Welcome to Week #7 of the Bird Weekly Photo Challenge. Week #7 challenge is Any bird (your choice) in black & white or sepia tone. Post as many or little as you choose. Have fun with your settings, filters or get creative in Photoshop. Leave a splash a color if you would like as long as the majority is black and white. Upcoming challenges can be found on my Bird Weekly Challenge Page.
The feature image is a Sandhill Crane. They are a tall lanky bird often found in pairs. If a chick survives, you may see three or four together depending on whether one or both chicks make it. They are known for their dancing skills. Courting cranes stretch their wings, pump their heads, bow and leap into the air gracefully with a wonderful energetic dance.
An important fact about the wood stork is they will regurgitate water over their nestlings to keep them cool. Just like going to a water park! These birds are found along the coast in Florida, South Carolina & Georgia.
The Laughing Gull can be found at the beach mostly. I’ve actually seen flocks fly over my house in town. If you are enjoying a picnic, they will find you! The male and female will build their nest together. Talk about an equal partnership. If a male cannot find a mate, he may start building a nest platform to attract a female. Nothing wrong with having a good handyman around!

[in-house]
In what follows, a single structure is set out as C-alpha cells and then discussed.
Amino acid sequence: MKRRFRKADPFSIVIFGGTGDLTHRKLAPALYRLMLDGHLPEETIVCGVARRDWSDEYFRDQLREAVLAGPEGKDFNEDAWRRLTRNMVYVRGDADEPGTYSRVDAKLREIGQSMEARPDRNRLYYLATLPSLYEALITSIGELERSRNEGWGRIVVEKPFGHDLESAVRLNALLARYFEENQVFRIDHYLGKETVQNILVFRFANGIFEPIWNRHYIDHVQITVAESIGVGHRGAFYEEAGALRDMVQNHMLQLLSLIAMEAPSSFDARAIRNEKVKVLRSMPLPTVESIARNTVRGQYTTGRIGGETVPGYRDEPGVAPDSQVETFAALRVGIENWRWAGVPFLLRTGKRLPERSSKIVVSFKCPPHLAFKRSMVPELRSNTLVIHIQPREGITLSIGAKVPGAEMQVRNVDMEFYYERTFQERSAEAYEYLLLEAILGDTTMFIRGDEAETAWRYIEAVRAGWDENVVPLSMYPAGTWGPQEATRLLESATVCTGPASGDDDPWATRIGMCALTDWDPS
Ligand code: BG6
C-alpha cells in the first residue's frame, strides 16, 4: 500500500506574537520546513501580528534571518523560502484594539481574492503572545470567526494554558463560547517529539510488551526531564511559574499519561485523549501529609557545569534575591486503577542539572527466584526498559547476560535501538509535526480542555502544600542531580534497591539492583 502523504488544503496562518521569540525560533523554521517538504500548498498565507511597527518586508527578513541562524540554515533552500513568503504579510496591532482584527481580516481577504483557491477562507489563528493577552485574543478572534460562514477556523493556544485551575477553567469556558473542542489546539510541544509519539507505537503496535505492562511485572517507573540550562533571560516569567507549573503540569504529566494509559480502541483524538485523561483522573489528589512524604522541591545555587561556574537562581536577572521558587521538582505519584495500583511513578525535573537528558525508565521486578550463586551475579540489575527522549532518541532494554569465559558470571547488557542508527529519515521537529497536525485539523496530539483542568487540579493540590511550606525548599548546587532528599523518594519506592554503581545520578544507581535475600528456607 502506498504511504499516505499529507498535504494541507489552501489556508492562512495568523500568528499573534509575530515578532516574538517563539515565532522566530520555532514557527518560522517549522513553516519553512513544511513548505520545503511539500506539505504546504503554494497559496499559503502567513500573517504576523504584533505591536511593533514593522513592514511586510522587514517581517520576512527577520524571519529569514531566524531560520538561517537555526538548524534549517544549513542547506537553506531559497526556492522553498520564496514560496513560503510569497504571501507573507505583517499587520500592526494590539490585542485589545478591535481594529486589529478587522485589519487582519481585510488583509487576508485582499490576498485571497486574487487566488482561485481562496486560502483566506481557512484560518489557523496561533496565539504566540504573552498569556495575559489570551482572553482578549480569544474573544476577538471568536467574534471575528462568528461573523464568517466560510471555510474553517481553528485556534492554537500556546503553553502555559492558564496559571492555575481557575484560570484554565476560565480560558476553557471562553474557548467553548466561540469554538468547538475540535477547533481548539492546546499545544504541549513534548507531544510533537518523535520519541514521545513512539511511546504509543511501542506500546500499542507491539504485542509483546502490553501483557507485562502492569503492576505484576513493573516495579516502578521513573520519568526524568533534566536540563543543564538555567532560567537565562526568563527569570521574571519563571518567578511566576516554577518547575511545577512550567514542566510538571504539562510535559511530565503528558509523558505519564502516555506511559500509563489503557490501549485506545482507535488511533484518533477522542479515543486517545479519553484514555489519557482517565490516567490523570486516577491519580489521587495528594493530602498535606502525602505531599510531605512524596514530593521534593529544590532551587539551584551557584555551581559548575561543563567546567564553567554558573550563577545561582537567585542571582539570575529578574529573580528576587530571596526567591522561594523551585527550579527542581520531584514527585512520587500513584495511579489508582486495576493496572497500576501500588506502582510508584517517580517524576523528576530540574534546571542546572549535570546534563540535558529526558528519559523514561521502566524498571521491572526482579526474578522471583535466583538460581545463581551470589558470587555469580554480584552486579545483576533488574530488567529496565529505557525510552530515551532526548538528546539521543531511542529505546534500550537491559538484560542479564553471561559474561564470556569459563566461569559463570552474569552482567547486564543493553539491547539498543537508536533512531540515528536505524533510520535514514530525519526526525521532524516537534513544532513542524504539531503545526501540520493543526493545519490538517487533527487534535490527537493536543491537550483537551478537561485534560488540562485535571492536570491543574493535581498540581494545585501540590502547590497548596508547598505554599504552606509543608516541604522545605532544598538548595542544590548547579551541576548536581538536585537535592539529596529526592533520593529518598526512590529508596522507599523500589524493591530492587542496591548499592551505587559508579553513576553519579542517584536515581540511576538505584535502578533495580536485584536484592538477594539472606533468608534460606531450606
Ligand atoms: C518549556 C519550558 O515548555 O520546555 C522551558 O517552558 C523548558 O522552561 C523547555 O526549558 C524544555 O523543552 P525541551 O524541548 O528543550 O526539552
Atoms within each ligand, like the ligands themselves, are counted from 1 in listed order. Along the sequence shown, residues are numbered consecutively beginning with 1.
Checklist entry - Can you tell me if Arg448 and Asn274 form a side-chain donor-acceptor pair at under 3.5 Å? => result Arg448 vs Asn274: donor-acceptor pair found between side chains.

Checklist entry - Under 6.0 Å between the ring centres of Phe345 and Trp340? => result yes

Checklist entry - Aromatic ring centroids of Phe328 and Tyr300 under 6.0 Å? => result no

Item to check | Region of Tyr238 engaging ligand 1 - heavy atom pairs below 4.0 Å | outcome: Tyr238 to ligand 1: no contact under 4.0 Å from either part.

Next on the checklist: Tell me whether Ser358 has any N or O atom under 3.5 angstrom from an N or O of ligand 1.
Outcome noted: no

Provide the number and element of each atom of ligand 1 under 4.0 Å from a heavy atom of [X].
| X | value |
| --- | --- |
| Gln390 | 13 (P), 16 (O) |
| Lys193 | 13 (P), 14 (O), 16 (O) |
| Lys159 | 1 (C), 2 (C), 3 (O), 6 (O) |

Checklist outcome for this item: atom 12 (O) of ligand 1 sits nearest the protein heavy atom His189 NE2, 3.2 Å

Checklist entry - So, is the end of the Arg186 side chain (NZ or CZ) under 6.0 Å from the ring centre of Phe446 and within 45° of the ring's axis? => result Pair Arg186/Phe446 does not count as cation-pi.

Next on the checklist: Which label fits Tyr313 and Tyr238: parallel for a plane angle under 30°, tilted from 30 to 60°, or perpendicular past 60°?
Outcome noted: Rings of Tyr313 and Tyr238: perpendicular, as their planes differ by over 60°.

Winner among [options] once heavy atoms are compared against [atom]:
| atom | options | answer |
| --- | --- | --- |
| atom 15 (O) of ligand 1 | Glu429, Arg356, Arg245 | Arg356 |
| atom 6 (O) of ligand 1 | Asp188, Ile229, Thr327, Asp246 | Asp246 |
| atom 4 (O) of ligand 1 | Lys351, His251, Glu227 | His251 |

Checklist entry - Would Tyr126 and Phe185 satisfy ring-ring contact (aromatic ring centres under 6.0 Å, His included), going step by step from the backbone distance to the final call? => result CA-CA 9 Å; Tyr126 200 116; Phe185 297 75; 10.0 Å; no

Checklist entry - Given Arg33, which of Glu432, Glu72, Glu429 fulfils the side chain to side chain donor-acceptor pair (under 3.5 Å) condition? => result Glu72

Great Blue Herons can hunt day and night because of a high percentage of rod-type photoreceptors in their eyes that improve their night vision. Move over Mr. Owl, there’s a new Sheriff in town!
The Yellow-rump Warbler tends to forage with other warblers such as the Palm, Magnolia and Black-throated Green Warblers but get aggressive around the Pine and Blackburnian Warblers. Guess there is a pecking order in the Warbler species afterall.
Black-crowned Night Herons are common in the wetlands all across North America. They do most of their feeding at night. They spend most of their day hunched on a branch or in trees at the water’s edge. They are easy to find if you know where to look and a wonderfully photogenic!
Tricolored Herons are sneaky and while fishing, they will sneak up behind Double-crested Cormorants or Pied-billed Grebes snapping up fish they stir up. The juvenile (teenagers) are much like human teens…they will often lunge and snap at their parents when they arrive with food. To appease the youngsters, the parents greet them with a bow. This isn’t the only species that does this, but was worth a mention.
Until next week…Week #8 – Birds at the Feeder.